illiteracy and criminality Kentucky prisons offer reading lessons to inmates. Each of you can do something about this. Sign on to be a coach. There is an elementary school near your home that will welcome you. You don’t have to be a great reader to help a child relate the symbols of reading to the sounds of listening. As a One-to-One coach for five years, this writer’s mission is to instill confidence in one child who has been unable to unravel the mysteries of reading.
APRIL, 2019 Along with the exhibit, the library is sponsoring a bioglitz, an intense period of biological survey in an attempt to record all living species within a designated area. Our bioblitz focuses on the species in either your backyard, the Library’s yard or in one of the many parks in the city of Newport. We are looking for whatever plants, amphibians, fungi, fish, reptiles, arachnids, birds, insects, mollusks or mammals you can find in those areas. To learn what species typically reside in our area, you may download the app Seek by iNaturalist, or check out one of our many nature guides. You may also stop by our Newport Branch to pick up a species bioblitz form to use to record all your findings. (A downloadable version of the form will be available here beginning April 1.) This sheet will also provide a sampling of species to look for in our area and a map of all our parks. If you bring your completed bioblitz form back to our Newport Branch and show it to one of our librarians, we
SEE LIBRARY CONT’D
Here’s how simple it is. I include the words found on a box of eight crayons. We look at the crayons, one by one. Then we talk about their sounds and the connection between words we say and those we read. By comparing that link to the hexagonal shape of a STOP sign, the mystery of reading, of connecting sounds they already know to those symbols on the page, is revealed. I write letters and two- and three-letter words on two sets of index cards. We play a game of con-
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centration with the cards. I love the ah-hah moment when their eyes open wide, surprised they can read. Do you remember when you received this revelation? No, and neither will this child. But what they and we remember is a foundation that someone took the time to build with us. For this writer, my father and I read comic books together. I remember it was fun and built a lifelong bond between us. I had no idea he was setting me up for a successful future. But he knew. Today’s super busy parents may not see reading as their priority. Their work schedules may make it difficult to spend reading time. But the half hour a week the One to One volunteers have given to children are statistically impressive in the gains made between one year’s testing to the next. So, if you can share a half hour a week with a non-reader you will have a role in the joy they have when they realize they’re successful. You will have established an education legacy for a lifetime. Are you sure you don’t have a half hour a week to spare/ share?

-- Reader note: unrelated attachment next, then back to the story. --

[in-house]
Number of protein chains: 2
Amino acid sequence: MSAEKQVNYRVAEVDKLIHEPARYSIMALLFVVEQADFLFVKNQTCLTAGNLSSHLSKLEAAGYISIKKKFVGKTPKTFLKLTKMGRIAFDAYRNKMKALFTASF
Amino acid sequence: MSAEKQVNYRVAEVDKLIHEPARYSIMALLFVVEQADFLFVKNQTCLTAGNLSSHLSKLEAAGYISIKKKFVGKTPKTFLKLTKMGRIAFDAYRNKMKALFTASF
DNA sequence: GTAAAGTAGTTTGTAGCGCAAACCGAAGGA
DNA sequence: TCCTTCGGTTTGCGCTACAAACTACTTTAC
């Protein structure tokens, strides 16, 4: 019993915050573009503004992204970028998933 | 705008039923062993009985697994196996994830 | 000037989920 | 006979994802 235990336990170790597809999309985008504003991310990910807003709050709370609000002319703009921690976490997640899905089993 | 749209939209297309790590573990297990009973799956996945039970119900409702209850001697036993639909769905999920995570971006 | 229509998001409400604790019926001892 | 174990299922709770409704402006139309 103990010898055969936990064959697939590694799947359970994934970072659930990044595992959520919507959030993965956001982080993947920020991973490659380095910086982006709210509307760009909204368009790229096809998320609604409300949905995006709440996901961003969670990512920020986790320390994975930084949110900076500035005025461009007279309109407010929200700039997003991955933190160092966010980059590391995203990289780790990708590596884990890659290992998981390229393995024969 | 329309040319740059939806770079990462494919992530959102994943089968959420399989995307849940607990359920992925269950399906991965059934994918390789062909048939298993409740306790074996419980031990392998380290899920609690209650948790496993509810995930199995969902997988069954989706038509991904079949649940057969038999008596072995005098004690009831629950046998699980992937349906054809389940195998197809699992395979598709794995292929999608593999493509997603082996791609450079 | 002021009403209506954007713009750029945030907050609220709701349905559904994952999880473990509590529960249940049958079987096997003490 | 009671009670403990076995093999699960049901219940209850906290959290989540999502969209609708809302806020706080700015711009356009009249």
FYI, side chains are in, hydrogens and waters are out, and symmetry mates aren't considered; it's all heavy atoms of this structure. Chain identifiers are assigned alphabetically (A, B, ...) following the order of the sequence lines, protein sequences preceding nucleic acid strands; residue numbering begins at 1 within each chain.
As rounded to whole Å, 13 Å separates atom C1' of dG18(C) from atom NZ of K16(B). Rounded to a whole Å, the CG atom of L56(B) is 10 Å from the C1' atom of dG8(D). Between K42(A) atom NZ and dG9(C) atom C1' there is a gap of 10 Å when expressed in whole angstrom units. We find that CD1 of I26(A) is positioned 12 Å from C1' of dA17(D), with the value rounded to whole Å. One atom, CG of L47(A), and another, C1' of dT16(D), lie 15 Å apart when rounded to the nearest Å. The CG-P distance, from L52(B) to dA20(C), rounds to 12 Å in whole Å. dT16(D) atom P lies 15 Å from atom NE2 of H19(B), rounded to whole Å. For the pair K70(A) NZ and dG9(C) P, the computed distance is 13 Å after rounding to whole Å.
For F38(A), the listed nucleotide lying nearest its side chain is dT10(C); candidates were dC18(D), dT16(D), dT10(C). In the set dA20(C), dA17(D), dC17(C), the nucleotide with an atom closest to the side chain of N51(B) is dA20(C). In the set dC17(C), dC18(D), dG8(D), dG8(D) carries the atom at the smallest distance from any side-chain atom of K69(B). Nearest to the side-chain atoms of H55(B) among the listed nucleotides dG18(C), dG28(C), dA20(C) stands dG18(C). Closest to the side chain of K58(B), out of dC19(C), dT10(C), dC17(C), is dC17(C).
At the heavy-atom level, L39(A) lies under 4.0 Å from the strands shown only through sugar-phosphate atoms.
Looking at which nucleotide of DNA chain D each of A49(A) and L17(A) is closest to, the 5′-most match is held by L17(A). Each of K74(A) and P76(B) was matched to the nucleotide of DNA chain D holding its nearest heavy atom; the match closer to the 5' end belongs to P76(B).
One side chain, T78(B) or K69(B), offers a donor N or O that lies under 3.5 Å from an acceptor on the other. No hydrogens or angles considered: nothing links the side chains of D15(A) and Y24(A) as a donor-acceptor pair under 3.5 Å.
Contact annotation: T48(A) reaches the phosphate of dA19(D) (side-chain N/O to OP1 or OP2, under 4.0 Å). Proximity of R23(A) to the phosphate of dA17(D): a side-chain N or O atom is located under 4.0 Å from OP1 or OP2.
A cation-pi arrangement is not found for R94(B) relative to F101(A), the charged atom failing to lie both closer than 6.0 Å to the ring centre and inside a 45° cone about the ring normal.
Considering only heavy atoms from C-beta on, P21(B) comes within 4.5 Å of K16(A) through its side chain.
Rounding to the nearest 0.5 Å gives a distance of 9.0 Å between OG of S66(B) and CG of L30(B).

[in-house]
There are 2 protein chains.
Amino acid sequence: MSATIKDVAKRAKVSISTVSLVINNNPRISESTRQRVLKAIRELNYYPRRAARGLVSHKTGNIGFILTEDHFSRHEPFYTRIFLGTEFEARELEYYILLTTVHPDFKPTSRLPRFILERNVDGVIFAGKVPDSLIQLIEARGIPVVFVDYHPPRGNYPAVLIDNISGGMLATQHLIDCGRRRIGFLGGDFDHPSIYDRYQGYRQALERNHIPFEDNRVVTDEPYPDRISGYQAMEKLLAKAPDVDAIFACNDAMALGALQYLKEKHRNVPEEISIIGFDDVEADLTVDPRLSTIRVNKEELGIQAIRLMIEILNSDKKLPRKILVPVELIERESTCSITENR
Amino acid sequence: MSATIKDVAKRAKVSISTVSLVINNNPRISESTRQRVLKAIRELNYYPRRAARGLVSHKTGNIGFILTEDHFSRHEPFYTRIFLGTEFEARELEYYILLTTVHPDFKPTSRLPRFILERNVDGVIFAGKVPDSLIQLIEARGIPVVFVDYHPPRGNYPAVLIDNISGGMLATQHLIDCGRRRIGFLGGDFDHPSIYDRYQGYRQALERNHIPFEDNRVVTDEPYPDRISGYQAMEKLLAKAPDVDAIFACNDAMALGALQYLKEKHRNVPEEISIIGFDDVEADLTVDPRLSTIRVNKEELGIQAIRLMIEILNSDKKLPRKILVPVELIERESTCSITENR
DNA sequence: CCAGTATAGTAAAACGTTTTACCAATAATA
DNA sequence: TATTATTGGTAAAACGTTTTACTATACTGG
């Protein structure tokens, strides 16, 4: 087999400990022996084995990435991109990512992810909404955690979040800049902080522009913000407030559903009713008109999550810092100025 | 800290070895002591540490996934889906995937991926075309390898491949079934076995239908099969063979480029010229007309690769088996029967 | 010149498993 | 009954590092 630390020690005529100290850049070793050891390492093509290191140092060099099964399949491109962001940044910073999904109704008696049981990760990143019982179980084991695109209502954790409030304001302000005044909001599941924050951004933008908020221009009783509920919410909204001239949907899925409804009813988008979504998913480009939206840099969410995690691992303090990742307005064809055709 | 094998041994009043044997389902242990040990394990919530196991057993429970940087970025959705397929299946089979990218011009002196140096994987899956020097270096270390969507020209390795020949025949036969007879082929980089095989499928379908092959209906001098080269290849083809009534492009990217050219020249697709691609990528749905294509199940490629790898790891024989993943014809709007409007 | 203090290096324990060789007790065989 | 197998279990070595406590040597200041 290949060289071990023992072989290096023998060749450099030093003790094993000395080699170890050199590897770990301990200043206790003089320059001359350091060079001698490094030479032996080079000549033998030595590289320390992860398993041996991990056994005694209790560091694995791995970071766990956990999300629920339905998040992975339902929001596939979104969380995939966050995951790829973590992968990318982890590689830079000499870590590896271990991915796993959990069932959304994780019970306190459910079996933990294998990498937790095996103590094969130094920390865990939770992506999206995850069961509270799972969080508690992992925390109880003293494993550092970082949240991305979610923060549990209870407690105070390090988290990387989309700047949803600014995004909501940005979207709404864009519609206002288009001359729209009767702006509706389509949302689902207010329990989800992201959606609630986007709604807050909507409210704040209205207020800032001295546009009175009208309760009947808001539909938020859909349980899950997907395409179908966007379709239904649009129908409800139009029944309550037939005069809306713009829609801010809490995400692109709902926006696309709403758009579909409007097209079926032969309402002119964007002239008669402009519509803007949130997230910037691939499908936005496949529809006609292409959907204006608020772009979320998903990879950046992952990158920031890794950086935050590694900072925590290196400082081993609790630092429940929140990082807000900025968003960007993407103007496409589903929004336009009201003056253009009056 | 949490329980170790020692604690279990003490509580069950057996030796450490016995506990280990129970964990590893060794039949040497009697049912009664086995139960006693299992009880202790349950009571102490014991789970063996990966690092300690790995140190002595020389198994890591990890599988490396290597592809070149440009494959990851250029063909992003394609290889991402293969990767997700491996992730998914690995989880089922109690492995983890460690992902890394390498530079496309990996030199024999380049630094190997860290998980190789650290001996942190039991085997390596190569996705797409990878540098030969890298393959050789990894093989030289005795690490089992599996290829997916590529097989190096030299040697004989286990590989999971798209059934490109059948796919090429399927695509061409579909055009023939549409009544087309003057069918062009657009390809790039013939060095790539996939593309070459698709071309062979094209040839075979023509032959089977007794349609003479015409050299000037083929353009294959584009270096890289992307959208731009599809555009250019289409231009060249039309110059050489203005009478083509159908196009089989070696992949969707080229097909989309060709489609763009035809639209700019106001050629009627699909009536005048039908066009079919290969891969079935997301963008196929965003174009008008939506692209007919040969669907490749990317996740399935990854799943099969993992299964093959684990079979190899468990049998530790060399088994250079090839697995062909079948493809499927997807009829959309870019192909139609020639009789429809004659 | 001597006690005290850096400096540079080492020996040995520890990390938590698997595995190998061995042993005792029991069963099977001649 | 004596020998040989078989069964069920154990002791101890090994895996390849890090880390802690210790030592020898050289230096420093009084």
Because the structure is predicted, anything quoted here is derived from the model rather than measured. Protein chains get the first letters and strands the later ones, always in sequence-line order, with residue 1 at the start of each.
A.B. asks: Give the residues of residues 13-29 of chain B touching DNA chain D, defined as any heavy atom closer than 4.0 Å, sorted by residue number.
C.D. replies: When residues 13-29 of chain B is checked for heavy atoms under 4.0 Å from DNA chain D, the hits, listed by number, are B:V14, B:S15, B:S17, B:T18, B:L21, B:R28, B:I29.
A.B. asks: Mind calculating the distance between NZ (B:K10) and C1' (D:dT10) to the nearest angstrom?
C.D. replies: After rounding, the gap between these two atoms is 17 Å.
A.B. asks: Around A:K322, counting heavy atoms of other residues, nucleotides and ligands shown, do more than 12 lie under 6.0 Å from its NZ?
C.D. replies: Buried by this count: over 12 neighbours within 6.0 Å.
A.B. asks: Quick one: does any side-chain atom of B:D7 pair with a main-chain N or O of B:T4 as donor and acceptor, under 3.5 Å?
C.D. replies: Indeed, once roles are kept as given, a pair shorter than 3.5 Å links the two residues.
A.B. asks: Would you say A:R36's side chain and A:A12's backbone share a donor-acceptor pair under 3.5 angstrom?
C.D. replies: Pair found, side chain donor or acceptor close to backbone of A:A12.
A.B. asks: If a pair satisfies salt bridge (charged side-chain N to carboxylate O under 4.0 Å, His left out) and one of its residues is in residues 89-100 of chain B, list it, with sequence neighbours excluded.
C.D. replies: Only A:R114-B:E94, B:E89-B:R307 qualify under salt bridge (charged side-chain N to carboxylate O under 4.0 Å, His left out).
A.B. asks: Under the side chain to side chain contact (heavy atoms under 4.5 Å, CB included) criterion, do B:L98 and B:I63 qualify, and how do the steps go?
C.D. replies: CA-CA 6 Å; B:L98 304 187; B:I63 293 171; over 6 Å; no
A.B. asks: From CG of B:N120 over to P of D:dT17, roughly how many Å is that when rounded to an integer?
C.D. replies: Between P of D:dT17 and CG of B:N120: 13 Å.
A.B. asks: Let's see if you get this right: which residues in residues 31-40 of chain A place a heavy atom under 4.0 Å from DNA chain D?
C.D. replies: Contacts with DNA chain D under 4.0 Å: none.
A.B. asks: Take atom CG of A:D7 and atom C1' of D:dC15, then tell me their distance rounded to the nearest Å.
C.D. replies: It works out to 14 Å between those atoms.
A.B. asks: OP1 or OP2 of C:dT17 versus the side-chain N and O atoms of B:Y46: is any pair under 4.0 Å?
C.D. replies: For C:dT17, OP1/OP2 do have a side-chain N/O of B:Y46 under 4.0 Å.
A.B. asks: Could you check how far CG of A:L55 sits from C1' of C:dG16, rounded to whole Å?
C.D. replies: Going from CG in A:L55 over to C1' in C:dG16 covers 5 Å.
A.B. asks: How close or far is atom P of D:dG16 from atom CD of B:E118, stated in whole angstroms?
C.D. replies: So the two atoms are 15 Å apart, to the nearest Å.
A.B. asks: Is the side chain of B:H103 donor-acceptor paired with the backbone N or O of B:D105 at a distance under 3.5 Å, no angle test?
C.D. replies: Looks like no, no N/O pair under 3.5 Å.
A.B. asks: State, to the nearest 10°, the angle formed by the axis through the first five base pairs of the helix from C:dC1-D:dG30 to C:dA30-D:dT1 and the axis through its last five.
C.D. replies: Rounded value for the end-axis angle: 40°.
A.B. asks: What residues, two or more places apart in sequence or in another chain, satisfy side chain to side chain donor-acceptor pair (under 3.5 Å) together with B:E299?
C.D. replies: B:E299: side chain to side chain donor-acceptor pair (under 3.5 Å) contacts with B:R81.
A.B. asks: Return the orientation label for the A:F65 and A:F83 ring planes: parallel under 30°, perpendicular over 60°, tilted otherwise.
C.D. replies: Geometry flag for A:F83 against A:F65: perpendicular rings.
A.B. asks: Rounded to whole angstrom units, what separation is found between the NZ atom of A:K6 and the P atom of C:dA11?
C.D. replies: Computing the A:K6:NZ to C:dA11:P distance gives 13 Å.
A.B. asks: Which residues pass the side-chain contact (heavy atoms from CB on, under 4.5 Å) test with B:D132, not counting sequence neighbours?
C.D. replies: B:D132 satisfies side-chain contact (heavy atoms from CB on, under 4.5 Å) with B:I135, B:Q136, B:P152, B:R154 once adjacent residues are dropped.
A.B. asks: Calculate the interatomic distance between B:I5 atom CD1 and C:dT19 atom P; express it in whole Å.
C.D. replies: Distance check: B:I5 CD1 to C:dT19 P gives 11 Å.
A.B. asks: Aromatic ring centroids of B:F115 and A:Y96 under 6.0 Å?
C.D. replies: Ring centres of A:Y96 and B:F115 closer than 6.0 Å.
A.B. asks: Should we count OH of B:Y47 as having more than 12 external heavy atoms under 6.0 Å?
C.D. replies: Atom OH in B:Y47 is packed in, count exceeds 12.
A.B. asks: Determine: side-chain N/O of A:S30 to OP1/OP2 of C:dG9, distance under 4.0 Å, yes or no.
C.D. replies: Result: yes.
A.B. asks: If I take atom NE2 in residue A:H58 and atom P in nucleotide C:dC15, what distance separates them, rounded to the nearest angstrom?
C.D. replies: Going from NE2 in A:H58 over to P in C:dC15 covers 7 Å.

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Congratulations to the Grandview Elementary School students of the month honored for their Effort and Enthusiasm at the March 27, 2019 Board of Education Meeting.
Pictured back row: Superintendent Robb Smith, Principal – Angie Young, Assistant Superintendent – Janis Winbigler Pictured middle row: Gracie Riggs, Dominic Woodruff, Kylee Schehr Pictured front row: Alexis Fey, Nina Salzman, Ricky Lloyd Not pictured: Esmeralda Martinez
Congratulations to the Bellevue Middle/High School students of the month honored for their Effort and Enthusiasm at the March 27, 2019 Board of Education Meeting.
NKY PUBLIC RETIREES MTG. When you have spring fever and are looking for ways to volunteer, attend NKY Chapter of Kentucky Public Retirees. The next monthly meeting will be held Monday May 13, 2019. All meetings are held at Golden Corral 388 Orphanage Rd. Ft. Wright, KY. beginning 11:45 a.m. with lunch, social time, and guest speaker. Following speaker a short business meeting is conducted. Retirees who are from local, county, state government, support staff from KY. Public School systems, support staff from KY. State universities, and State Police are eligible to join along with spouses. Membership is free from month of joining to end of year December 2019. Yearly individual
membership is $15 per year. Being a member gives you a chance to interact with other retirees, find out latest pension news, have a lobbyist who works with retiree issues during legislative session and $5000.00 Life Insurance from KY. Retirees Board. By being a member a Quarterly newsletter “The Kernel” is received. KPR has a Facebook page , Twitter, and website. Any questions can be addressed to NKY Chapter President Milton Mains email firstname.lastname@example.org or NKY. Membership Chair Ralph Wolf email email@example.com. Submitted by Melissa Artopoeus NKY Chapter Public Relations
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Pictured back row: Superintendent Robb Smith, Kiana McGuire, Director of Academic Services – Deneen Zimmerman, Elijah Muller, Principal – John Darnell Pictured front row: Daniel Florence, Rebekah Lytle, Gabe Schmidt Not pictured: Kennedy Wikle, Will Strong